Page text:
Mozart (comédie musicale)

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Mozart is a comédie musicale in three acts with music by Reynaldo Hahn and words by Sacha Guitry, a pastiche of the composer's early works to fit beside arias written for Yvonne Printemps (playing the title role as a breeches role). The story concerns the fictional adventures of Mozart on a visit to the French capital.

After the success of L'amour masqué, Sacha Guitry wanted to collaborate again with Messager, but the older composer declined. Guitry wrote to Hahn, on holiday in Cannes, who seized the opportunity with great joy, and the collaboration was excellent.[1]

It was first performed at the Théâtre Édouard VII in Paris on 2 December 1925.[2]

Roles[edit]

Role Voice type Premiere cast,
2 December 1925
(Conductor: Raoul Labis) [3]
Grimm spoken Sacha Guitry
Marquis de Chambreuil spoken René Maupré
Vestris spoken Gerlys
Mozart soprano Yvonne Printemps
Mme d'Épinay mezzo-soprano Germaine Gallois
la Guimard spoken Marthe Lenclud
Mlle de Saint-Pons spoken Edith Merannes
Louise soprano Madeleine Lebergy
Grimaud tenor Léonce Dupré

Synopsis[edit]

Act 1[edit]

It is 1778, and in the salon of Madame d'Épinay, the mistress of the house tries to persuade her godchild Marie-Anne de Saint-Pons of the advantages of a marriage to the Marquis de Chambreuil. The Marquis enters and invites Marie-Anne to play the harpsichord; she dared not, as the instrument was played by the young Mozart on his first time in Paris. The Baron Grimm and La Guimard, the famous dancer and, it appears, intimate with Grimm, join the party and conversation turns to the visit to Paris of the young Wolfgang Amadeus Mozart when he was a child prodigy. Mme d'Épinay owns the picture of the boy Mozart by Carmontelle.

The servants Louise and Grimaud are also present. Although he has sent no news since his last visit, the subject of conversation now makes a surprise entrance. The child prodigy, now 22 and a famous musician, remains sensitive and shy, but tells the company of his journey and having read Dom Juan of Molière on the coach from Strasbourg to Paris. He is warmly welcomed and, to thank his hosts, he plays the harpsichord, singing "Il faut que tu m'aimes Paris!".

Act 2[edit]

A few days later – Mozart is working at the keyboard at Madame d'Épinay's house when her young servant Louise brings him a letter. Mozart has seduced many attractive women during his visit but is unsure who he should choose; the hostess suggests the dancer La Guimard. Mozart is to compose several pieces in Paris, including Les petits riens, which La Guimard and Vestris rehearse, while the composer successfully flirts with Guimard. Mozart then opens the letter he received: it is from his fiancée in Mannheim.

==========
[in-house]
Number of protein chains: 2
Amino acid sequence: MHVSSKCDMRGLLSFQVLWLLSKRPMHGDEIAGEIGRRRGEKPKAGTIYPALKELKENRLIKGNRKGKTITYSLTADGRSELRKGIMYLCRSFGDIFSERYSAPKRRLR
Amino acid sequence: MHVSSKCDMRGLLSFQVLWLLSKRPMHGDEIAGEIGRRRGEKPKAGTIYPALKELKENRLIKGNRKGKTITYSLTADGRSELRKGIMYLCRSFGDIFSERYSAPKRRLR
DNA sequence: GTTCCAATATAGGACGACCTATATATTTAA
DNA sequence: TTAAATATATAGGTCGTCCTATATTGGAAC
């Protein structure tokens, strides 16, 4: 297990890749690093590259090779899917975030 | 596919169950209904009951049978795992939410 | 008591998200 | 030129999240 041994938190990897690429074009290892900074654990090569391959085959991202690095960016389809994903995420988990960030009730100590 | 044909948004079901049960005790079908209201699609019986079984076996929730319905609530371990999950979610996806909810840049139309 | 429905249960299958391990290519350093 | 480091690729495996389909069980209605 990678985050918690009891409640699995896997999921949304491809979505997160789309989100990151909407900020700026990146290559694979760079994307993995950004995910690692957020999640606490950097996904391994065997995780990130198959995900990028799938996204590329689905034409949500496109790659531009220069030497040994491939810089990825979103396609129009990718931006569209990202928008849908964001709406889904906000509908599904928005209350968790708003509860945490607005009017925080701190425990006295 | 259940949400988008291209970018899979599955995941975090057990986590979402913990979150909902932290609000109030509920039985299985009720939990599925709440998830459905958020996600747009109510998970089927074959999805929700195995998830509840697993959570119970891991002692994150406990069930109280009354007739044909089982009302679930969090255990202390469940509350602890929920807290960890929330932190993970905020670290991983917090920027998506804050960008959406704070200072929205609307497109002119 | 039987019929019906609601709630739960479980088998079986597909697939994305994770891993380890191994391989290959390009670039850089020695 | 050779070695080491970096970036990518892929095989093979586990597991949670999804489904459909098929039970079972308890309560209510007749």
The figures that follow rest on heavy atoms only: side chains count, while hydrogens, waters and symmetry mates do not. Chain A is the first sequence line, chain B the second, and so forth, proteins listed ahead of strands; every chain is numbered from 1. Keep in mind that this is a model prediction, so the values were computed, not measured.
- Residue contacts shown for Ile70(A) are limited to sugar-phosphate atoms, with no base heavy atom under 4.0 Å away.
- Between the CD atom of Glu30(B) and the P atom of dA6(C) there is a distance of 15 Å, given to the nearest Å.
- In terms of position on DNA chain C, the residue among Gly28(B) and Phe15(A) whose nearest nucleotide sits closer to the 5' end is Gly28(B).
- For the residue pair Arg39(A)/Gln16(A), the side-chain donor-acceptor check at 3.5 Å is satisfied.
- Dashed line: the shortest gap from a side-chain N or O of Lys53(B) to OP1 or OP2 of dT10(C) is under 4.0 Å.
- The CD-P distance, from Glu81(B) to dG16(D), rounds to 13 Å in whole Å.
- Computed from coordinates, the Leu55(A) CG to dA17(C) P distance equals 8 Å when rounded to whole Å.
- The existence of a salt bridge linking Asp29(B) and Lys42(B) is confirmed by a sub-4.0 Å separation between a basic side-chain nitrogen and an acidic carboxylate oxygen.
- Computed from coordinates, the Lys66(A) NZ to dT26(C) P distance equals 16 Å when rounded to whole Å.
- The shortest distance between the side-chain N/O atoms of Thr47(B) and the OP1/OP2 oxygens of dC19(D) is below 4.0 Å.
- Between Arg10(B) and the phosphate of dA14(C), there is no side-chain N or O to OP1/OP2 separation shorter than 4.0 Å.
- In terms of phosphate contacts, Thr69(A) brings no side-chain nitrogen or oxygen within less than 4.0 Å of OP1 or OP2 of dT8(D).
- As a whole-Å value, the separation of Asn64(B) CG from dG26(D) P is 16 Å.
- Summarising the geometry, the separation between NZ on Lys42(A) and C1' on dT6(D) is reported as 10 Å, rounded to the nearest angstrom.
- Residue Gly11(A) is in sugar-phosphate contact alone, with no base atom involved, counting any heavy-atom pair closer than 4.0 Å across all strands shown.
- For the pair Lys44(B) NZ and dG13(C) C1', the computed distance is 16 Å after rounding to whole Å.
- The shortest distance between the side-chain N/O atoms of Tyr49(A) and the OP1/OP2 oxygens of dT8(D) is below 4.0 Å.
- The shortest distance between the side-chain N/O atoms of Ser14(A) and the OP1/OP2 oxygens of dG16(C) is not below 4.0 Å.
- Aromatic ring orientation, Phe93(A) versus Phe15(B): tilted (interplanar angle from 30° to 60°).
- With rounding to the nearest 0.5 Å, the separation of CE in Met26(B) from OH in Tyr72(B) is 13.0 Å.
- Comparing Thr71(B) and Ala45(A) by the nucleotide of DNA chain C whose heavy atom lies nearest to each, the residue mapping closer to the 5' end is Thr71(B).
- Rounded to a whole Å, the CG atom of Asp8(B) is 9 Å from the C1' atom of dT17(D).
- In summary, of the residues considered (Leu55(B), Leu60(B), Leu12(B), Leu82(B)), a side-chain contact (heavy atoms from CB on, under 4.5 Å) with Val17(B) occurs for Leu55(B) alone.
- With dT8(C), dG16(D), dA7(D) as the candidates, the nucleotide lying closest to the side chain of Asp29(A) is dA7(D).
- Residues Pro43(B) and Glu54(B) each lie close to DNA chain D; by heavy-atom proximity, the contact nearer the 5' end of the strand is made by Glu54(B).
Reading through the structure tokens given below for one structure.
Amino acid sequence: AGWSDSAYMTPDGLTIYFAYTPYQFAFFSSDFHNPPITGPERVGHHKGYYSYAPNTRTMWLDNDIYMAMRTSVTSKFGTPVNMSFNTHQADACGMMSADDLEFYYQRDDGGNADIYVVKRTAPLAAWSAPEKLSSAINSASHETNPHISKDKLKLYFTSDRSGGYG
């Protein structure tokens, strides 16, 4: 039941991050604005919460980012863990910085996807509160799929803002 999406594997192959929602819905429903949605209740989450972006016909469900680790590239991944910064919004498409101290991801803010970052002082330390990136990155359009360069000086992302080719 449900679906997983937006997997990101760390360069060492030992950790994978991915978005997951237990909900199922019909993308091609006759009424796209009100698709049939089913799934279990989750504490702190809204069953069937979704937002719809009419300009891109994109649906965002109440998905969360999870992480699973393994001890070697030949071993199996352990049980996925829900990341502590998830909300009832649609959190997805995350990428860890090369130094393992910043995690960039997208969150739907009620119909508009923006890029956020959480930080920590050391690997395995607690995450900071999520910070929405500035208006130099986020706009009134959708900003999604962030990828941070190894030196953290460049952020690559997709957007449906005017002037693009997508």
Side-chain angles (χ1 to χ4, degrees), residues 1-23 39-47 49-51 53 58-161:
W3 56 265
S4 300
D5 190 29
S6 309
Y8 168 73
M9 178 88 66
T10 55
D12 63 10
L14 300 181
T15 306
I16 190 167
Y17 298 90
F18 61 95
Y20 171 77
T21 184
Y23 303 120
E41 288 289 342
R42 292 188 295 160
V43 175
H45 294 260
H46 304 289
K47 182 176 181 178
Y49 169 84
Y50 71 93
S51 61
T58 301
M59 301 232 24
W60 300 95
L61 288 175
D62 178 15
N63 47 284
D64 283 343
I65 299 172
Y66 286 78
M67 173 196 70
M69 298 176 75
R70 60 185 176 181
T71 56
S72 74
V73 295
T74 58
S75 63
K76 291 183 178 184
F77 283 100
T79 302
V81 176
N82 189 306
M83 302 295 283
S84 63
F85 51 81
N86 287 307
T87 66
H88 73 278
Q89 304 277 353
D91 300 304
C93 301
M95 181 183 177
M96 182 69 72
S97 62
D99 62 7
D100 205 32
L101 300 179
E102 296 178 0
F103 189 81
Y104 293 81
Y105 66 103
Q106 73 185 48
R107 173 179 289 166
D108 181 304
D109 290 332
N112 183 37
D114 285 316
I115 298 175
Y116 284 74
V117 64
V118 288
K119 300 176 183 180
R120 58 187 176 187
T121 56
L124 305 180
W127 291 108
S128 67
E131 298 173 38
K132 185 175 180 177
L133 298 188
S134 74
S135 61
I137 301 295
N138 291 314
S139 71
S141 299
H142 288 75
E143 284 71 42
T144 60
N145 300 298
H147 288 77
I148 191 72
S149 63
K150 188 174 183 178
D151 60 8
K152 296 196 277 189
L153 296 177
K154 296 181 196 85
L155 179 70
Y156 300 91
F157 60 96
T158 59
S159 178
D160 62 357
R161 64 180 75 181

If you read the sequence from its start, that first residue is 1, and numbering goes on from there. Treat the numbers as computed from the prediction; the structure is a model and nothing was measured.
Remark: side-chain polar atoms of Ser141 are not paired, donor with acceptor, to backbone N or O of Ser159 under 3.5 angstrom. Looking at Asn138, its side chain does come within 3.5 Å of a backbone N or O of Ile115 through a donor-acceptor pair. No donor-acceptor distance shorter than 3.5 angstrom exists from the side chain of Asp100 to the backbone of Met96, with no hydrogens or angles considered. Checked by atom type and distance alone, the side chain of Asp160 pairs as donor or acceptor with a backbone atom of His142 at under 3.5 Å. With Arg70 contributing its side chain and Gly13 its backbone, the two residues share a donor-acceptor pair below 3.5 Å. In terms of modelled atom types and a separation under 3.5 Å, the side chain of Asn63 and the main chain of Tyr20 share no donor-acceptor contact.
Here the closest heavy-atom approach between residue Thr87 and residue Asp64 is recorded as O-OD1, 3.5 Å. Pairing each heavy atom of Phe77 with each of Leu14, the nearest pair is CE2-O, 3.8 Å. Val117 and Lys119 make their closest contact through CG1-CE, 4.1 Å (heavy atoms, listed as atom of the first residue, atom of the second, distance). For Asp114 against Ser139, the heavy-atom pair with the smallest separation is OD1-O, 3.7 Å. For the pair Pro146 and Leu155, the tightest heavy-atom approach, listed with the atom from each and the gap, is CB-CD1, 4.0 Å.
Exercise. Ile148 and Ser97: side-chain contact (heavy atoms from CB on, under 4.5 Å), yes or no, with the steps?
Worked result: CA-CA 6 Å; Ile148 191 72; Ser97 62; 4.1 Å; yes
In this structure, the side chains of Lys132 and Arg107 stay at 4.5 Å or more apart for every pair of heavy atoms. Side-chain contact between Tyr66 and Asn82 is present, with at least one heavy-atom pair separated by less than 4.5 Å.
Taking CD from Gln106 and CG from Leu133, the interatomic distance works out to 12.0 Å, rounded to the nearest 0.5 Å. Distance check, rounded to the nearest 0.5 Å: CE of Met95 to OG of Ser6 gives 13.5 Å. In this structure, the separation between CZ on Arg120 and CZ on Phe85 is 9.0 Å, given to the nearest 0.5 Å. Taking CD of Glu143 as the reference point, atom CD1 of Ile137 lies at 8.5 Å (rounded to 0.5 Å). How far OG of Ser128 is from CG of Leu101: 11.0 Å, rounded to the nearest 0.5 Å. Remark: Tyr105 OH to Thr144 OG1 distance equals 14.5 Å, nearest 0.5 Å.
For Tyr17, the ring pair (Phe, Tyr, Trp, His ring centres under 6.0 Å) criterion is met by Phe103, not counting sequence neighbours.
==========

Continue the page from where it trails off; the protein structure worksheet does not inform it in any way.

Act 3[edit]

Louise's fiancé reproaches her for having made eyes at Mozart. The Marquis de Chambreuil is furious too as the composer has also been flirting with Marie-Anne (who he called Nanerl after his sister), and sent her a letter.

Baron Grimm tries to calm everyone, pointing out that Mozart will have to leave Paris soon. It then emerges that Grimm had written to Mozart's father to bring forward his departure; Grimm explains that the young man has been frittering away his time in France, his fancy alighting on one woman after another, and it would be better for everyone if he left for Germany. Mozart submits reluctantly and sadly to this decision and bids a tender farewell to the four women, and to Paris.

Recordings[edit]

Hahn: Mozart, Orchestre des Concerts Français

  • Conductor: André Houve
  • Principal singers: Annie Rozanne, Annie Ducaux, Maurice Escande
  • Recording date: 15 and 16 June 1955
  • Label: EMI, CZS 5 68286 2 (CD) (released with extracts from Ciboulette)

Yvonne Printemps recorded excerpts from the piece in the 1930s, including "C'est la saison d'amour" and "Je t'aime" (available on La Saison d'Amour, Pearl CD) and "Depuis ton départ, mon amour" and "Alors, adieu, donc, mon amour" (available on Yvonne Printemps: Arias and Songs EMI CD).

References[edit]

  1. ^ Gavoty, Bernard. Reynaldo Hahn, Le Musicien de la Belle Epoque. Buchet Chastel, Paris, 1976.
  2. ^ O'Connor P. "Reynaldo Hahn". In: The New Grove Dictionary of Opera. Macmillan. London and New York, 1997.
  3. ^ L'encyclopédie multimedia de la comédie musicale théâtrale en France (1918-1940), accessed 17 March 2009